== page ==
American Bridge 21st Century, the progressive research and communications outfit whose mission is to hold Republicans accountable for their words and actions, has put out 2016 Scouting Report:American Bridge’s Media Guide to the Republican Presidential Bench,” a political wrap-sheet and dossier on the large GOP field on presidential wannabees.

Among the distinguished field of 20 GOP presidential hopefuls profiled is John Richard Kasich, Ohio’s 69th and now twice elected governor who is undertaking a stealth campaign to become the 45th President of the United States, starting in 2017.

Yes, the Lord’s Hands will have to be on the 25-percent governor even more than they were this year, if he’s to survive the inevitable clashes from party opponents who can shell him using the ample ammo provided in AB21c’s scouting report, which lays out in detail his vulnerables, of which there are many to choose from.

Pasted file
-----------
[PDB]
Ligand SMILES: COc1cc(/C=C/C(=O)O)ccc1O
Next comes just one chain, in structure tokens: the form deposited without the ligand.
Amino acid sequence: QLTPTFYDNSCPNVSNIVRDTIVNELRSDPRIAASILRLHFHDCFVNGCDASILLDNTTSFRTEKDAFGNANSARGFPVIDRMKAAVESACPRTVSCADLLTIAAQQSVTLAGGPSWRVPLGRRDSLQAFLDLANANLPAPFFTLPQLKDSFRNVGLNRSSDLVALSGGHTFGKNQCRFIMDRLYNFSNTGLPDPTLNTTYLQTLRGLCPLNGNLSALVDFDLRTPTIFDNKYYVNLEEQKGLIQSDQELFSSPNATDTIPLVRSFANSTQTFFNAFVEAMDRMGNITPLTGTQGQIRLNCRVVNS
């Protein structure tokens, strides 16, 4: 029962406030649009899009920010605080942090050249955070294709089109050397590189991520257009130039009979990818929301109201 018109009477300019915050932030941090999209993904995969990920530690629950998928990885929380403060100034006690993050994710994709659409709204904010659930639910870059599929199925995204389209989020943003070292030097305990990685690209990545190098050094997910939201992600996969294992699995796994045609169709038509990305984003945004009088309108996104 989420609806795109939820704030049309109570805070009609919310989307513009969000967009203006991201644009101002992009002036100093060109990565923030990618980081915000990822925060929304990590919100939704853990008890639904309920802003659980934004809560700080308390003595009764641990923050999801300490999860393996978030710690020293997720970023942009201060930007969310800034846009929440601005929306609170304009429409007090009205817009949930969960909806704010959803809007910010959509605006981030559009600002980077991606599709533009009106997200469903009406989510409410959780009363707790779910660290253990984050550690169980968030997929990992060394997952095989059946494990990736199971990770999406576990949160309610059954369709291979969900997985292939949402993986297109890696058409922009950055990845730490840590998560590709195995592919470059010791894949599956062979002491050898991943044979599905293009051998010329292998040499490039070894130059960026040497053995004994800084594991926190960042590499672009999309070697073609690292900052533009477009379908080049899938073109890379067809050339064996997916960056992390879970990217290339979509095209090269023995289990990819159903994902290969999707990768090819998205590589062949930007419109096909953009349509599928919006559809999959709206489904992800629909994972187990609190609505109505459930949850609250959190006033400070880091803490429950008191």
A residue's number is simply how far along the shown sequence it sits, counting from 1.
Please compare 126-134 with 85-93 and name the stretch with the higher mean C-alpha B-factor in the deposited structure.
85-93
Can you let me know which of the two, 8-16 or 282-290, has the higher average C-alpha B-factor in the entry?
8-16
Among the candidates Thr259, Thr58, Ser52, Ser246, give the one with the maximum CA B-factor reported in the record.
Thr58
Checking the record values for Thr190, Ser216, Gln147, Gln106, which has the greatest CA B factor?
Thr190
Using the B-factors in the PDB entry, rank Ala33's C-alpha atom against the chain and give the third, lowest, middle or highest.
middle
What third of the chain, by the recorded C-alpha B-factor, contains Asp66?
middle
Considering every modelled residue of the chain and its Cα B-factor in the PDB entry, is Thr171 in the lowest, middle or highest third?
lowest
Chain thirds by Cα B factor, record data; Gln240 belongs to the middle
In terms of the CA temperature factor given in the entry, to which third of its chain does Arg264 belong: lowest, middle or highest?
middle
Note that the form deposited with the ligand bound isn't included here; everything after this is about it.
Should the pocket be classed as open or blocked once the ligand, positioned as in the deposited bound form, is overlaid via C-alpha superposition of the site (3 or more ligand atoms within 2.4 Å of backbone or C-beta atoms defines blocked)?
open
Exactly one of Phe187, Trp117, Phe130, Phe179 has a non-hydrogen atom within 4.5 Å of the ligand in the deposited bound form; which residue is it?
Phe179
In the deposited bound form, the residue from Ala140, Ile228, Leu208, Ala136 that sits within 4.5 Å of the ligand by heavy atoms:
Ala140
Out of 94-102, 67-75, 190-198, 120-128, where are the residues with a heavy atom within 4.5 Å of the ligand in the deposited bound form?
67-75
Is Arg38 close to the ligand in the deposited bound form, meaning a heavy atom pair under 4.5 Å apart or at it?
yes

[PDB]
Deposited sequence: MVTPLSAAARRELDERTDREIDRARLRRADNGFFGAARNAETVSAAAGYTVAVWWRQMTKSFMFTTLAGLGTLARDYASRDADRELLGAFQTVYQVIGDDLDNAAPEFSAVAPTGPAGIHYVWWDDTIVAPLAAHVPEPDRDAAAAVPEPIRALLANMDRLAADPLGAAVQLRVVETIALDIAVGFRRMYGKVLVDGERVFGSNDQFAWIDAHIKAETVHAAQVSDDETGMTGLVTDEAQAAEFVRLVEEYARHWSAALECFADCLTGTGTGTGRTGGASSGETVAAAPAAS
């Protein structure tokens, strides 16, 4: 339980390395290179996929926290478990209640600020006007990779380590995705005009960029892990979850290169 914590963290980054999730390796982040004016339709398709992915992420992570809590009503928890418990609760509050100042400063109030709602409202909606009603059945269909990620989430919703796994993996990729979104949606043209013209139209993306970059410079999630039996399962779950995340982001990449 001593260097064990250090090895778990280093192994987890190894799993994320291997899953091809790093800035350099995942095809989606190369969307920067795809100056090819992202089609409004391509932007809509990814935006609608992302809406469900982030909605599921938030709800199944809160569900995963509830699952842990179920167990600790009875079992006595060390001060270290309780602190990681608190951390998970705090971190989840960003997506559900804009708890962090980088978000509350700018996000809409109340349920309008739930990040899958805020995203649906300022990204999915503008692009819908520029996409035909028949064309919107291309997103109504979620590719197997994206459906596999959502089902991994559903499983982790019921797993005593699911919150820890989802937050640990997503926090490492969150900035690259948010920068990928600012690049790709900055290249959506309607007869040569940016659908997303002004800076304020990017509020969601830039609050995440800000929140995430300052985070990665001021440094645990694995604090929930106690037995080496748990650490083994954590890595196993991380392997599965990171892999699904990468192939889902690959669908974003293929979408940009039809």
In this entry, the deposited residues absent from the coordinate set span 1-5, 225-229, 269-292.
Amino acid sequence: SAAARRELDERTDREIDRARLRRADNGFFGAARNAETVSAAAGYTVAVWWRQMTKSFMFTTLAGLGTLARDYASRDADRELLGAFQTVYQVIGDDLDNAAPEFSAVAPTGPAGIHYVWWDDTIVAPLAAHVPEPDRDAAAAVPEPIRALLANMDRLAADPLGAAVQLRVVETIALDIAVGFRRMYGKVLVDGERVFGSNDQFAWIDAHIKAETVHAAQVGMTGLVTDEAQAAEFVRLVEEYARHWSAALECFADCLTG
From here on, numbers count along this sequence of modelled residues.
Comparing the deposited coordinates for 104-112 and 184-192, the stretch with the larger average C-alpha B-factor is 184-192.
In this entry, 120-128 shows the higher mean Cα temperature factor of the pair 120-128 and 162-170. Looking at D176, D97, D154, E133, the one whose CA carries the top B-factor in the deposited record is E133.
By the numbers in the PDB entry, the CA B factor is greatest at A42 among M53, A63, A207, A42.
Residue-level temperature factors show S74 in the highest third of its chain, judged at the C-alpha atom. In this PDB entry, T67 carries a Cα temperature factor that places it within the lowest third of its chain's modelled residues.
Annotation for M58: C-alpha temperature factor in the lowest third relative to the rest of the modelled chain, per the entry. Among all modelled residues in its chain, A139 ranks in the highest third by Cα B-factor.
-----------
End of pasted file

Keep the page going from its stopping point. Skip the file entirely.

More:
“We understand the frustration you feel with elected officials who campaign on one set of principles but govern by another, because we feel it too. We believe you deserve better than that. We think our elected officials should have one set of principles, not one for each set of special interests they represent,” AB21c says, reciting its political goal in life. Researching a candidates’ records and monitoring their public appearances is task one, task two for the group is to get that information airborne through mainstream and social media, grassroots activism and its website.

Doing what Ohio newspapers failed to do both in 2010 and again this year, AB21c offers a concise scouting rap-sheet for those interested in debunking Kasichlore down to its roots in reality. An excerpt from the introduction of Ohio’s governor says: “Kasich was frequently dubbed a ‘whiz kid,’ writing his own conservative budgets and pushing steep spending cuts in both the Ohio State Senate and the U.S. House of Representatives. Kasich eventually rose to become chairman of the U.S. House Budget Committee, where he helped manufacture the 1996 government shutdown, which he later called ‘one of the greatest moments of my career.'”